There is a substantial and persistent black-white pay gap – i.e. a difference between the median hourly wage among black workers and the median hourly wage among white workers. In 2018, the pay-gap was 9.2 per cent in 2018 (up from 5.8 per cent in 2012). This compares with a gender pay gap of 17.3 per cent (8.9 per cent among full-time workers). Since 2018, firms with more than 250 employees have been required to report on their gender pay gap and there are calls for a similar requirement for ethnicity pay gaps.
BAME people are economically more vulnerable, typically experiencing higher rates of unemployment. Recent evidence confirms that BAME people have been harder hit, economically, by COVID19. BAME individuals are 14 percentage points less likely to be furloughed and 13 percentage points more likely to be unemployed than non-BAME individuals. They are also more likely to be experiencing financial difficulties in the current crisis – more likely to have cut back on spending, be behind on bills and more than twice as likely to have resorted to borrowing than non-BAME individuals.
There is also a substantial and persistent racial gap in educational attainment at all levels:
- At primary school level – 55 per cent of black African students achieve the expected standards in reading, writing and maths compared to 65 per cent of white students.
- At GCSE level – 26.9 per cent of black African students achieve the Grade 5+ in English and Maths, compared to 42.7 per cent of white students.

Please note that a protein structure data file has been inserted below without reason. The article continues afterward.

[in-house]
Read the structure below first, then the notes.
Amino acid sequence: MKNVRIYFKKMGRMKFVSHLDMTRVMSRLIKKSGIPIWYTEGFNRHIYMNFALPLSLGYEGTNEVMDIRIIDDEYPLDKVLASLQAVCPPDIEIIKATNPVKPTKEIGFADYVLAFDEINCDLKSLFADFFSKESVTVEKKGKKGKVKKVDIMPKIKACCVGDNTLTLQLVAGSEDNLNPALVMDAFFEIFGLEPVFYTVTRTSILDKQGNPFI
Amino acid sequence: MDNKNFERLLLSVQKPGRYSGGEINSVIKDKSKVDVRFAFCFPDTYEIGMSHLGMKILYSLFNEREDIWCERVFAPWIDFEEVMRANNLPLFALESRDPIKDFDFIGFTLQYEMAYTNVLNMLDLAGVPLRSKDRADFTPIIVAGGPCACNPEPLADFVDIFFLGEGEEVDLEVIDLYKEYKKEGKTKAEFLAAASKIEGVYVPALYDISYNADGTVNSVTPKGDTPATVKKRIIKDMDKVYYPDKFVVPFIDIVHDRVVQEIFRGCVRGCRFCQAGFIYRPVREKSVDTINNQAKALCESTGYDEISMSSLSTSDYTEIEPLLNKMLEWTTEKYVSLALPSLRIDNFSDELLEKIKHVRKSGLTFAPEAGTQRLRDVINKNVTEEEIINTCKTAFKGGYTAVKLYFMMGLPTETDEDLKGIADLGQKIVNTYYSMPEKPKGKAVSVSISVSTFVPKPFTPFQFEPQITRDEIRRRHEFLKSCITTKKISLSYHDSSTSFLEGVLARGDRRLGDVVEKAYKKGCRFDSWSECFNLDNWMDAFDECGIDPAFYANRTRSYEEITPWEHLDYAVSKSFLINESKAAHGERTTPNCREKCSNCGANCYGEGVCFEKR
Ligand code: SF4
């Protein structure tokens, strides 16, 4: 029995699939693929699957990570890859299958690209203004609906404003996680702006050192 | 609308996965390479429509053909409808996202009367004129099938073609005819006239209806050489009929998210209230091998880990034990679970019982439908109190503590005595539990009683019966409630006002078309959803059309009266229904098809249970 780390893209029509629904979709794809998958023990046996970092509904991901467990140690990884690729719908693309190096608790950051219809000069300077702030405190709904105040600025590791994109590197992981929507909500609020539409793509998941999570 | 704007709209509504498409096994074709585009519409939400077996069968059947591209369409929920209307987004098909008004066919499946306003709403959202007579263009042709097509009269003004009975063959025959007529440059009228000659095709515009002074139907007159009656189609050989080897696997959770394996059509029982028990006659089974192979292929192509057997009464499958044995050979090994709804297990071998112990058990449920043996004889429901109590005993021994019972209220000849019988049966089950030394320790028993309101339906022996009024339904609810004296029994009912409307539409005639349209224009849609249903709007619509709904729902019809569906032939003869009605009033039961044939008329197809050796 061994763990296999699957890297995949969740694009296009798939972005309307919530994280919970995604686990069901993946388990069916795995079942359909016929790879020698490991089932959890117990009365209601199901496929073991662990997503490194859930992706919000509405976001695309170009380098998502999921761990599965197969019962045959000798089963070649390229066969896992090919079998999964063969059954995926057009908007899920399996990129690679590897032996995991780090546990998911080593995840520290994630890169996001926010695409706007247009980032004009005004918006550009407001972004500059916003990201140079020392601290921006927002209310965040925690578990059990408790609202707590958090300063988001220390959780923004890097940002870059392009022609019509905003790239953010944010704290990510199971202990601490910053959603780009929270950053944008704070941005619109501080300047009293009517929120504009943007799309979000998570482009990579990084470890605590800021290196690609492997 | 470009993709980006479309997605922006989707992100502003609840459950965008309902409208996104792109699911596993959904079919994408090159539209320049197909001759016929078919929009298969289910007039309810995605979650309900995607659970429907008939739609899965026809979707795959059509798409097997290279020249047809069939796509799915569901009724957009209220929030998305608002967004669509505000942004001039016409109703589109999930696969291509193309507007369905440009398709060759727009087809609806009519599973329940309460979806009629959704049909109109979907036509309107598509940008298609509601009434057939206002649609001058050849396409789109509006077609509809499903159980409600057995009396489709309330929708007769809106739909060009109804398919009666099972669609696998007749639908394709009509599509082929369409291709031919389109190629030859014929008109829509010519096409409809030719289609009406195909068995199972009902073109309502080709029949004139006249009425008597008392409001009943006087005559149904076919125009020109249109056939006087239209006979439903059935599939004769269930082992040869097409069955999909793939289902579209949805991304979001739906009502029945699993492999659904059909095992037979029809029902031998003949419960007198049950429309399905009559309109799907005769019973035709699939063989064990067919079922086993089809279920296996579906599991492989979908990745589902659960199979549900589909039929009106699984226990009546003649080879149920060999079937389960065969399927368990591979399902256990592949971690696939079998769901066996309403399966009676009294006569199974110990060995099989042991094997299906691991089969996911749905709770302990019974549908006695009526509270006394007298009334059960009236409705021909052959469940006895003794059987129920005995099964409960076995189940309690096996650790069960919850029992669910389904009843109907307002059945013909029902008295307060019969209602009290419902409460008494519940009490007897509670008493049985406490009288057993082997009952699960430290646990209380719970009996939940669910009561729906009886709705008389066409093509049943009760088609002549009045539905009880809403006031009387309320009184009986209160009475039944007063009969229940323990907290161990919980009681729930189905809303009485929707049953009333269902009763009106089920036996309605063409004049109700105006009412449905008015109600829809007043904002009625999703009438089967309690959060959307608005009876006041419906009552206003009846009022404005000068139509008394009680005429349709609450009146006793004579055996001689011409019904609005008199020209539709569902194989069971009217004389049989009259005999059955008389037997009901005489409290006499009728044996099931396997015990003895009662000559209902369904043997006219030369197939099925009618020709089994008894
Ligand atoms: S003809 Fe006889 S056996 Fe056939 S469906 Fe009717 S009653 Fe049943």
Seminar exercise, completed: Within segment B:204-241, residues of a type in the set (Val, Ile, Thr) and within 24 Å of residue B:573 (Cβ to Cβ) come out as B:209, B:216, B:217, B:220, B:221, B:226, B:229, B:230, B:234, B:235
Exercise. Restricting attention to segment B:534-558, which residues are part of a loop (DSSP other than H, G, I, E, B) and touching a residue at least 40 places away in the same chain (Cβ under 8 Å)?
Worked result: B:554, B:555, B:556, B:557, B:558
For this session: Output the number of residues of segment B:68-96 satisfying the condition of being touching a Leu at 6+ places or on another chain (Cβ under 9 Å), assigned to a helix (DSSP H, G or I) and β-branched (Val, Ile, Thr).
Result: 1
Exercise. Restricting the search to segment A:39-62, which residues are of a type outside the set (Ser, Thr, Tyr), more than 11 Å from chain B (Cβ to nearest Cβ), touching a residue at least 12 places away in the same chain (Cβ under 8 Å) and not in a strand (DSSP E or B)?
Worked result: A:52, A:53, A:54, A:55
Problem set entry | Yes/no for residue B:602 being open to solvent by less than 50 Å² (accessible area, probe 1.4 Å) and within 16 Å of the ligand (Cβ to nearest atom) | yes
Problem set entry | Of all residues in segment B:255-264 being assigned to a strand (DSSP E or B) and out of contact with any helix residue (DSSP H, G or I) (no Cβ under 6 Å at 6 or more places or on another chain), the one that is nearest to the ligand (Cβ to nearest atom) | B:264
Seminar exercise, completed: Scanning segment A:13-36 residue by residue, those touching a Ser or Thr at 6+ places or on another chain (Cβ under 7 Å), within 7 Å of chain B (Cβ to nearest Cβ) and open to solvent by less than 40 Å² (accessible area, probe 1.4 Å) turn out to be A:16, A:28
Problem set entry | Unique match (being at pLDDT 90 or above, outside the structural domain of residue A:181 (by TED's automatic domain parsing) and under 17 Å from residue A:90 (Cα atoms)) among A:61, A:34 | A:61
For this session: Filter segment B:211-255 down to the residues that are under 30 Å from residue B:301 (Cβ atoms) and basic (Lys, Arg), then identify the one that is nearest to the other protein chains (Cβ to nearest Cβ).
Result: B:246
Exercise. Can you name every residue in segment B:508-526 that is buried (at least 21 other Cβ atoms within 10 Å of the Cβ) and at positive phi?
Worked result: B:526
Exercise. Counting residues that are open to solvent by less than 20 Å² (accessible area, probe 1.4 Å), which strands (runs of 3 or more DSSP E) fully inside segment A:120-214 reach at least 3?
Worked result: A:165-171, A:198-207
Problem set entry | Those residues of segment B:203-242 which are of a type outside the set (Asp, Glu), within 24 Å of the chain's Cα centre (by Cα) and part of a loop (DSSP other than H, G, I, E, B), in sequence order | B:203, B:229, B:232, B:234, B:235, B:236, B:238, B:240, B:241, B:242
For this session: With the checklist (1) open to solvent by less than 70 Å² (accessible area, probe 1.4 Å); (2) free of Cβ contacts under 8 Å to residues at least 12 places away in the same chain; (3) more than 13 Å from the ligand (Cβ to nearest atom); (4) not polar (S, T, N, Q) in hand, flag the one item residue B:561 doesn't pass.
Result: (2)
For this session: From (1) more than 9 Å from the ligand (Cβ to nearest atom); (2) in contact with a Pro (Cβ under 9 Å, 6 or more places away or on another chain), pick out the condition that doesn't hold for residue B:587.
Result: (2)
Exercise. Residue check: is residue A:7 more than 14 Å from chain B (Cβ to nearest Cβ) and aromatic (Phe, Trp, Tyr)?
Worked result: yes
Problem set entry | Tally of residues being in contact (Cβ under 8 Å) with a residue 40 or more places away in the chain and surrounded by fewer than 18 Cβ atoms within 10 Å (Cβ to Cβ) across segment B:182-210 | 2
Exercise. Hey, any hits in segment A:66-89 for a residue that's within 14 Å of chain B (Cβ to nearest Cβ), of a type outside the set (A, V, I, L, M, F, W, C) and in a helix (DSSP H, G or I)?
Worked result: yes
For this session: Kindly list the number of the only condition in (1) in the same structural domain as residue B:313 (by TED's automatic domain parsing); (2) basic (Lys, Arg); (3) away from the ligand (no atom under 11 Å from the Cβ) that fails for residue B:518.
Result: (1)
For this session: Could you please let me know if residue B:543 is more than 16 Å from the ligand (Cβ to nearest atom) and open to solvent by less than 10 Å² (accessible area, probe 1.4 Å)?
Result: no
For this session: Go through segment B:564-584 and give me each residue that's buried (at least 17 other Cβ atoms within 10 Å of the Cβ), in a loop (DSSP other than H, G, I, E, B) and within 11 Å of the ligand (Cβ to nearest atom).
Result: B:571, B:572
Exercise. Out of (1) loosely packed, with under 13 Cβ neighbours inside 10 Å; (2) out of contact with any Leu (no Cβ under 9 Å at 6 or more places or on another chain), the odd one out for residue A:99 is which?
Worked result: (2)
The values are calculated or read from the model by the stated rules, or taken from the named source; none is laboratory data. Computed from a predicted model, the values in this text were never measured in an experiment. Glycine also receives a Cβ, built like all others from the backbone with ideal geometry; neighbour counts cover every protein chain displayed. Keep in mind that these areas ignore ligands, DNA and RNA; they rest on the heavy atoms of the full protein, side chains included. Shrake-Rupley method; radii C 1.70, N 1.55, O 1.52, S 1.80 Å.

- At A-level – 3.5 per cent of black African students achieve Grade A or above in three subjects, compared to 10.9 per cent of White students.
- At university – 77.1 per cent of white students get a First or an Upper Second class degree compared to 57.5 per cent of black students.
Looking at these statistics, it is clear that this is not a “US problem” and that the UK faces its own problems with racial inequalities. In Bristol, the statue of Edward Colston that memorialised slave trader, was toppled and will eventually be put in its rightful place in a museum. Likewise, it is time to address the persistent economic disadvantages experienced by black people in the UK and similarly consign those to history.
The Centre for the Study of the Legacies of British slave-ownership has used the details of the compensation paid to slave-owners to document slave ownership. It is a powerful reminder of the legacy of slavery in Britain.
The Runnymede Trust is an independent race equality think tank, publishing regular studies highlighting racial inequalities in the UK.